‘Stop buying protein powder to fill the void – you are the void’ – life advice from an oracle.
Bridget Mackey’s Love/Chamberlain is a deliberately unsettling play about two women who have been accused of murder. Courtney Love, once the wife of Kurt Cobain, and Lindy ‘dingo ate my baby’ Chamberlain meet in a timeless realm on the Federal Highway, searching for an oracle. The play plots out some theoretical ‘possible meetings’ of the pair across time and, while it’s hard to keep up if you don’t know both of their timelines, you do see how the possible relations between these two women.
There are some truly weird scenes intertwining the lives of the two characters. Throughout the play we see Lindy Chamberlain playing the airplane game with her prison meal and then we watch Courtney Love vomit morning sickness on Lindy’s shoes before playing the guitar. Some strange motifs accompany these weird moments – Lindy keeps smelling rotten flesh, Courtney flips between wanting to talk about Kurt Cobain. But none of it really makes sense. Lindy and Courtney don’t meet on the highway until about half way through and while we see some genuinely good moments – such as those in the monologues – it takes a while to get going.
This show adds flavour and complexity to the profiles of these two women, both who received similar treatment from the media and public. You can tell it’s a show about women, made by women. We particularly see this element in the portrayal of Lindy Chamberlain. The play showcases Lindy’s relationship with her children, the public, the church and, most profoundly, herself. I would love to see Love/Chamberlain focuse more on Lindy’s journey as a Seventh Day Adventist, frosty-fruit loving vegetarian, who finds peace in silence and learns to roll joints in prison. But Courtney Love’s tantrums, obsession with fame and her angsty-adolescent demeanour quickly pulls you out of these wonderfully complex moments.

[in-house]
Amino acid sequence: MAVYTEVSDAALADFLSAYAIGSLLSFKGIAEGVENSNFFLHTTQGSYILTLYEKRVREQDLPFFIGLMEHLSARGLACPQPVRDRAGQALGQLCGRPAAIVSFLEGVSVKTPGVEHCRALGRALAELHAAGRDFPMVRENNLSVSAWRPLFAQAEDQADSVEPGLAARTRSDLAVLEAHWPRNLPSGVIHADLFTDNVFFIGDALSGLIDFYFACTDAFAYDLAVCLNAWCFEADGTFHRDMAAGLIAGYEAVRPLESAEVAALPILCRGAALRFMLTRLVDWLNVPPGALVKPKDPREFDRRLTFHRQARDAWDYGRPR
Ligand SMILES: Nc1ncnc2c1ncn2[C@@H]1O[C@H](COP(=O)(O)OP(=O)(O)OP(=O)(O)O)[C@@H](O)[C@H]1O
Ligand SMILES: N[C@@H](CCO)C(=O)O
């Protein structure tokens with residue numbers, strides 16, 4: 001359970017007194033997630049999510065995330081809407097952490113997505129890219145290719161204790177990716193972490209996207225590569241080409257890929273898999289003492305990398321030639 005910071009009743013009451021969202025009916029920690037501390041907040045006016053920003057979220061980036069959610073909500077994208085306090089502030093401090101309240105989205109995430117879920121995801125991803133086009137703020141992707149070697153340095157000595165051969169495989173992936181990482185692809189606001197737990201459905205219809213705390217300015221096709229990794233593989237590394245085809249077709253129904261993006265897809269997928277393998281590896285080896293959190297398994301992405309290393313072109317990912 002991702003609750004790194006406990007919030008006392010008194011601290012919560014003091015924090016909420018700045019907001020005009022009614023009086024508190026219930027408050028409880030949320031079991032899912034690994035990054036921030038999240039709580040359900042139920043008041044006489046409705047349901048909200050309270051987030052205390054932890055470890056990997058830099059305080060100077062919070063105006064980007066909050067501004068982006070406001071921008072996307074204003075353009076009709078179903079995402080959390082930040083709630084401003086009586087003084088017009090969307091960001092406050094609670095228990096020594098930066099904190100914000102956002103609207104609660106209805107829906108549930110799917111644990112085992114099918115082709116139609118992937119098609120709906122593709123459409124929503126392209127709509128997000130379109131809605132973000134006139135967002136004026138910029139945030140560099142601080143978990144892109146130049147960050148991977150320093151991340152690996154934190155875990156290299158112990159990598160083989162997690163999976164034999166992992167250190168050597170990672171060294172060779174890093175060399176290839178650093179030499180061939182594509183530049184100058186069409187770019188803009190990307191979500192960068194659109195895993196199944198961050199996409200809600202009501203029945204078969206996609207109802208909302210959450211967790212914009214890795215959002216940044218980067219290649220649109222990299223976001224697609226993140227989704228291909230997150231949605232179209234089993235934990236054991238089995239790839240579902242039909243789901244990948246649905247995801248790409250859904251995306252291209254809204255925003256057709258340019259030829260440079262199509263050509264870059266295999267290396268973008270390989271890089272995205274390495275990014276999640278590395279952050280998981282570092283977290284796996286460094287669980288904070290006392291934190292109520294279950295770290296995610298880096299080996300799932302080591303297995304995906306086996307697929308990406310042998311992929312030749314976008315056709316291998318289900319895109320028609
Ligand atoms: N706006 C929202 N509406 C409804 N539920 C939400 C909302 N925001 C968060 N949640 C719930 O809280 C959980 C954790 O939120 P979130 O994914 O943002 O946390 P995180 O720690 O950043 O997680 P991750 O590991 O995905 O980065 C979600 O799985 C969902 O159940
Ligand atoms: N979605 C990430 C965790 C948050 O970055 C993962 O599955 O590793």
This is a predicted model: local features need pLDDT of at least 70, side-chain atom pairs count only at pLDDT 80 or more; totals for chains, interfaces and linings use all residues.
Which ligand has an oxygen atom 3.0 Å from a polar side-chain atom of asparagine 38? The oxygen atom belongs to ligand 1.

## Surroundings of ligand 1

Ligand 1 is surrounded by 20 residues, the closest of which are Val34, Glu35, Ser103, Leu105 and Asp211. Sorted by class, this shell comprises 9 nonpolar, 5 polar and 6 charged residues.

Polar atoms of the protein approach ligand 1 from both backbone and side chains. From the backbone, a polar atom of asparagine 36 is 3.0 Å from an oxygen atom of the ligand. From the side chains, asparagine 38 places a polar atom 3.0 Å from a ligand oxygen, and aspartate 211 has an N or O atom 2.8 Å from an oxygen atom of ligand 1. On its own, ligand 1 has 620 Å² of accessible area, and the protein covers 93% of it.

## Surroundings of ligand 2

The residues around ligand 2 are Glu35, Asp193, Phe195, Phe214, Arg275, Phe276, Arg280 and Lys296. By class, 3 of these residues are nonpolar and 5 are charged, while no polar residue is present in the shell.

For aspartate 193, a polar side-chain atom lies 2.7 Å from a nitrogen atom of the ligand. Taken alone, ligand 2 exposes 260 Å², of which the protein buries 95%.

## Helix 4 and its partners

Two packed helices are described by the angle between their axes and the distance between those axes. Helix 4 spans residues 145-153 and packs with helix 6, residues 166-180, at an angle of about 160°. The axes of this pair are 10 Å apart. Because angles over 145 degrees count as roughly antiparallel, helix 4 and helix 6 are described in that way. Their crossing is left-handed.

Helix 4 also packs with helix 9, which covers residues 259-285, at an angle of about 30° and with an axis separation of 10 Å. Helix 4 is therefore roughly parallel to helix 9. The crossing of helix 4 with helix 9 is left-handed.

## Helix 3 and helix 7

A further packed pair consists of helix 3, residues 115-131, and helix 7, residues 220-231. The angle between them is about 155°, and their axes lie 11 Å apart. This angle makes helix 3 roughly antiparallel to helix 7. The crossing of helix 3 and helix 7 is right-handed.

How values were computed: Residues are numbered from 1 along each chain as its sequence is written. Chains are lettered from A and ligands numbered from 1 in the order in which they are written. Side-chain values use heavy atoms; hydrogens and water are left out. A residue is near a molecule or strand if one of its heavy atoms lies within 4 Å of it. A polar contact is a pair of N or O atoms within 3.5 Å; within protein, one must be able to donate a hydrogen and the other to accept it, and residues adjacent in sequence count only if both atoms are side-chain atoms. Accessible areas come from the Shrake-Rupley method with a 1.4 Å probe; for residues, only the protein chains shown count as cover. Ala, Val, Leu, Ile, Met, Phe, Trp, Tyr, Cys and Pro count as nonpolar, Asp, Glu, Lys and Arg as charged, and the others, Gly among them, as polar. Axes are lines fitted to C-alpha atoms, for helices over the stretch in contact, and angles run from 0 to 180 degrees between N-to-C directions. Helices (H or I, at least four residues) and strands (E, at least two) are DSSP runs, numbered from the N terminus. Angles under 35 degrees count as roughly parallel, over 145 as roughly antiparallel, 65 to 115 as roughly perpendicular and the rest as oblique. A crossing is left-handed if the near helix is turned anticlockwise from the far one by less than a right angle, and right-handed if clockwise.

The whole show is tied together by an ‘oracle (in various guises)’ – an omnipresent shape-shifter who participates in both these women’s lives. The oracle acts as a quasi-narrator and ultimately spends the whole show provoking and disturbing both women. Honestly, at times the character felt unnecessary. However, Barb Barnett’s acting in this role is superb and pulls off a range of characters wonderfully – from a background mumbling, to a journalist, petrol station owner, paparazzi photographer, music producer, psychic and car crash victim. Barb keeps the audience engaged, even when any hope of finding a plot in the show seems to be fading into the distance.
All in all, if you want a show that has time travel, angst, a stage formed of shredded newspaper and a musical number, then this may be the show for you. So long as you are willing to sit back and go along for the ride.
Love/Chamberlain is on at the Gorman Arts Centre until 11 November.